There is no greater drama in human record than the sight of a few Christians scorned or oppressed by a succession of Emperors bearing all trials with a fierce tenacity, multiplying quietly, building order while the enemy is generating chaos. Fighting the sword with the Word, brutality with hope, and at last defeating the strongest state that the world had ever known. Caesar and Christ had met in the arena and Christ had won! (Will Durant)
The story continues throughout history. God is Sovereign and He is the Sovereign Judge of those who desire evil over good, who desire their own will over His Divine will. For those who choose this path God will not remain silent forever.
Benigno Aquino was the boy wonder of Philippine politics — mayor of a large town at twenty-two, governor of a province at twenty-eight, and at thirty-five he was elected senator, the youngest ever. He was excited about the possibility of being President until he unexpectedly ended up in jail. How he ended up in jail could be traced straight to the heart on one man—President Ferdinand Marcos and his insatiable greed for power.
Marcos saw Benigno Aquino as a threat to his power so he had him arrested. Half a year went by before Aquino was even questioned or confronted with the trumped up charge of murder. A carefully planned military court sentenced him to death, but the real reason for his sentence was President Ferdinand Marcos’ desire to get rid of threat. In 1973 Marcos’ two term limit as President would expire and his tenure as President would be over — Marcos would be finished, done! In his sneaky, twisted way, Marcos declared martial law and took total control of the Philippines.
After 8 years in prison, Aquino was released so that he could undergo triple-bypass surgery. American President Jimmy Carter was instrumental in gaining Aquino’s release and making it possible for him to come to the United States and undergo surgery. After Aquino recuperated he took a teaching fellowship at Harvard University. While he found himself in the throes of such inner-turmoil, Aquino surrendered his life to Christ and began to pray for God’s will in his life. As Aquino began to grow closer to the Lord his faith kept prodding him to go back to his country even though Marcos would not allow him back into the Philippines.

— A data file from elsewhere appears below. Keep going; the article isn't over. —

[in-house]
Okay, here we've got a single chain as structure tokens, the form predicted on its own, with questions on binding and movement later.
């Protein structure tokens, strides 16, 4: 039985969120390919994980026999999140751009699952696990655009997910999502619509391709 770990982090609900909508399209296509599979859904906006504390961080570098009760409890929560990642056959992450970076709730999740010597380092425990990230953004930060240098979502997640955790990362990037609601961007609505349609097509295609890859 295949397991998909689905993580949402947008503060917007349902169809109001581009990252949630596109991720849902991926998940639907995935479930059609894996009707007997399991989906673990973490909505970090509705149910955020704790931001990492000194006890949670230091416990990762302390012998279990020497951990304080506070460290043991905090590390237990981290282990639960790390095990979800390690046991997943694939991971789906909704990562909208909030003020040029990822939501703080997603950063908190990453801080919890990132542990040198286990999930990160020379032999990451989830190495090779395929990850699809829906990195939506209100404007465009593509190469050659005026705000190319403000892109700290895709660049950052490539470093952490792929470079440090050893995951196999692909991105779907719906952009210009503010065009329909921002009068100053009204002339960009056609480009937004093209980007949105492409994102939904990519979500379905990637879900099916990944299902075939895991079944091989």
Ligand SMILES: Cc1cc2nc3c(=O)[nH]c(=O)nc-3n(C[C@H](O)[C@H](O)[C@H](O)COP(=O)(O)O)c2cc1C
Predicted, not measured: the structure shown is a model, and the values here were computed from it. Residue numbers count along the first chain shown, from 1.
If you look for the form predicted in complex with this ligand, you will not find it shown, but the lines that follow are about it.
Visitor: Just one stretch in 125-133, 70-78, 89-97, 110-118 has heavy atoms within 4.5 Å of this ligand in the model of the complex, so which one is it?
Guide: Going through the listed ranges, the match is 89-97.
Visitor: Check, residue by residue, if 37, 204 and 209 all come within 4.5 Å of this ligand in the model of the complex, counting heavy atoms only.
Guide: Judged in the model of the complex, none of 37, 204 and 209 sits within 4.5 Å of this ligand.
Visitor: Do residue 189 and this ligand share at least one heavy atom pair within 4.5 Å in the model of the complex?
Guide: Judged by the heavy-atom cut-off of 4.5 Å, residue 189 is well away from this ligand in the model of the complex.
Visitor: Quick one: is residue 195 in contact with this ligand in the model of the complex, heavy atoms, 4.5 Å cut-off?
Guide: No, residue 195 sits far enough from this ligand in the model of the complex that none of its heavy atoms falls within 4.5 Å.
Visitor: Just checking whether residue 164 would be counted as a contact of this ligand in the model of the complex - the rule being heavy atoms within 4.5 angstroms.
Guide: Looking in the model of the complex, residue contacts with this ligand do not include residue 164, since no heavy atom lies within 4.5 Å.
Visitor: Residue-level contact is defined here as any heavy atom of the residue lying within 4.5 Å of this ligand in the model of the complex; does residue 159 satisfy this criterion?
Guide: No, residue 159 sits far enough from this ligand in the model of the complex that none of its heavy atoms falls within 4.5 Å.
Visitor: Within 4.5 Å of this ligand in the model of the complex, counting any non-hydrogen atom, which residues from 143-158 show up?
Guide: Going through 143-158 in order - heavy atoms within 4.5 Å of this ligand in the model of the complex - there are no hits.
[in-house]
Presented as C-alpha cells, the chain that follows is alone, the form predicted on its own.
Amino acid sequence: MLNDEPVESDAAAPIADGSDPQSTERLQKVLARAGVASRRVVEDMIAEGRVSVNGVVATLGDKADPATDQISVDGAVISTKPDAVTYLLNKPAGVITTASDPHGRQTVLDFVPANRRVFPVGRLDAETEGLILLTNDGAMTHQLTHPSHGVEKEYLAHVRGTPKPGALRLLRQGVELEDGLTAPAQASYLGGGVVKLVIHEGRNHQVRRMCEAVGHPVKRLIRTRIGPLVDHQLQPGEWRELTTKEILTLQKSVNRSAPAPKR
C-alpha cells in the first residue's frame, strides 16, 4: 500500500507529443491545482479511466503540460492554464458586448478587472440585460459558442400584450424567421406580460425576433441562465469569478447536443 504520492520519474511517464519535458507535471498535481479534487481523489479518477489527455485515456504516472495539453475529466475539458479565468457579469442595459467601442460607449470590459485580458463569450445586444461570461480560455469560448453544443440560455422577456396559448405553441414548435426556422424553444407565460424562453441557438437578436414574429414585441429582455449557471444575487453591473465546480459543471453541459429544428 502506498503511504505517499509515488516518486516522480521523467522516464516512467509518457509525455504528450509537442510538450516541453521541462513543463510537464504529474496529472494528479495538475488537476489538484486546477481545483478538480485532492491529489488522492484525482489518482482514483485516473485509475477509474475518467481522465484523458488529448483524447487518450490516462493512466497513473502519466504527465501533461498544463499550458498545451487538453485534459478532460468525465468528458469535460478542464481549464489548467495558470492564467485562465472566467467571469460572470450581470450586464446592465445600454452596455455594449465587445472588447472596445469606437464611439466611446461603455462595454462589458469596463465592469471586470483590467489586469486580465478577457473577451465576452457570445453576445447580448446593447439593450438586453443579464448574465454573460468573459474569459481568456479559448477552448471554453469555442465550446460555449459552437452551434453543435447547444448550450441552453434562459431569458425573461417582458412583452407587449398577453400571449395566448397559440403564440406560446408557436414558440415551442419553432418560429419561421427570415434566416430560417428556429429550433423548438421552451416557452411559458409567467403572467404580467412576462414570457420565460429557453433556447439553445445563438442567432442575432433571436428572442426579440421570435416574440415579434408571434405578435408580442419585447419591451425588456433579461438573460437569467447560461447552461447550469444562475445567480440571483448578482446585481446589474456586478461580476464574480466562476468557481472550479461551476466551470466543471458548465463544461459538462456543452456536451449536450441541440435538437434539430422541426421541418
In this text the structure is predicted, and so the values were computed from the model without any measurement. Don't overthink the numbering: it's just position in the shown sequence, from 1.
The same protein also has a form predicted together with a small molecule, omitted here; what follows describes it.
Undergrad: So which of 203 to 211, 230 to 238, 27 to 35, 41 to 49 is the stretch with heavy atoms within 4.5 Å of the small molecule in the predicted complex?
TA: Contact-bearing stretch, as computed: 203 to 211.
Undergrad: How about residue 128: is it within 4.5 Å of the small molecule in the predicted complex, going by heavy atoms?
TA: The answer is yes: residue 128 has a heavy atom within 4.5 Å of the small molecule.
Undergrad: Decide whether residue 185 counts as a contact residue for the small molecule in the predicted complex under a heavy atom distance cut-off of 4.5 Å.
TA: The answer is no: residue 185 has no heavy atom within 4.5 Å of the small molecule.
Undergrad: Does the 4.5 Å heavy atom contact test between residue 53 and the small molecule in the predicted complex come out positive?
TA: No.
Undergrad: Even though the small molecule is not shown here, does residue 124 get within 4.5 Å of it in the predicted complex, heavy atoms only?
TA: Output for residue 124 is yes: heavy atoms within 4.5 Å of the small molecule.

On August 21, 1983 Benigno Aquino boarded a jet and headed to Manilla. He tried to keep his flight a secret, but when he boarded the plane he was swamped with journalists. When the jet landed in Manilla the people saw a blue van pull up and soldiers carrying automatic weapons circled the plane. Three soldiers entered the plane looking for Aquino. When they found him they led Aquino to the front of the plane. They slammed the door shut behind them and a soldier stood so that no one could see through the window. A few seconds later shots rang out and Benigno Aquino lay dead on the floor. The military later said that Communist-gunmen did it, but everyone knew who had Benigno Aquino assassinated—it was Ferdinand Marcos.
You may think, “What a waste.” How could God have led him back to the Philippines simply to be killed. There is more to the story. Christians in the nation were called to prayer and Marcos sent out the troops. Cardinal Jaime Sin called the people to pray and to meet the troops with food and water.
Unrest began to stir in Marcos’ military as a group of soldiers who called themselves the Reform Group planned to withdraw support from Marcos. The Minister of Defense, Juan Ponce Enrile, could no longer support the twisted President so he and General Fidel Ramos held a press conference at 6:30 PM in the evening at Aquinaldo over the Catholic air waves. At 9:00 PM that night Cardinal Sin’s voice came over the air waves as he ordered all nuns into their chapels where they were to pray for God’s deliverance of the Philippines. Then he spoke to all Christians, “Go to Camp Crame and Camp Aquinaldo. Lend your support to Enrile and Ramos. Protect them and bring them food; they have nothing to eat.” Within thirty minutes two million people were on the streets. They were unarmed, listening to their radios, reading Scripture, praying, and singing through the long night.
The next day Marcos sent his troops with their tanks and trucks. As the military began their trip to Camp Aquinaldo the people in the little villages lined the streets. Some were holding crosses and others were offering flowers. The soldiers did not know what to do, these people threw nothing but prayers and flowers to the soldiers. One General told the people, “We don’t want to kill civilians, our quarrel is with Enrile and Ramos.” The closer the tanks came to the Camp, the more people were there to meet them. No one threw rocks, fired a gun, or hurled insults at the soldiers.
By Monday morning there were dozens of such tanks on the streets all around the military camps, stopped not by anti-tank missiles but by the bodies of praying Filippinos. Young soldiers sprawled on top of their beached vehicles eating food offered by the people who had stopped them.
On Tuesday, Marcos fled the country and the people of God, who stood by the side of justice and rights for all of God’s people claimed the victory for God. Two and one half years after Benigno Aquino was killed, his wife Cory became President. The revolution, a God ordained overthrow of evil, malice, greed, and godlessness, became a reality for the people of the Philippines.
God hears the prayers of His people and He will not remain silent. The prayers of the saints in the Philippines were heard and the prayers of God’s saints in all places and at all times will be heard. Won’t you cry out to Him this morning?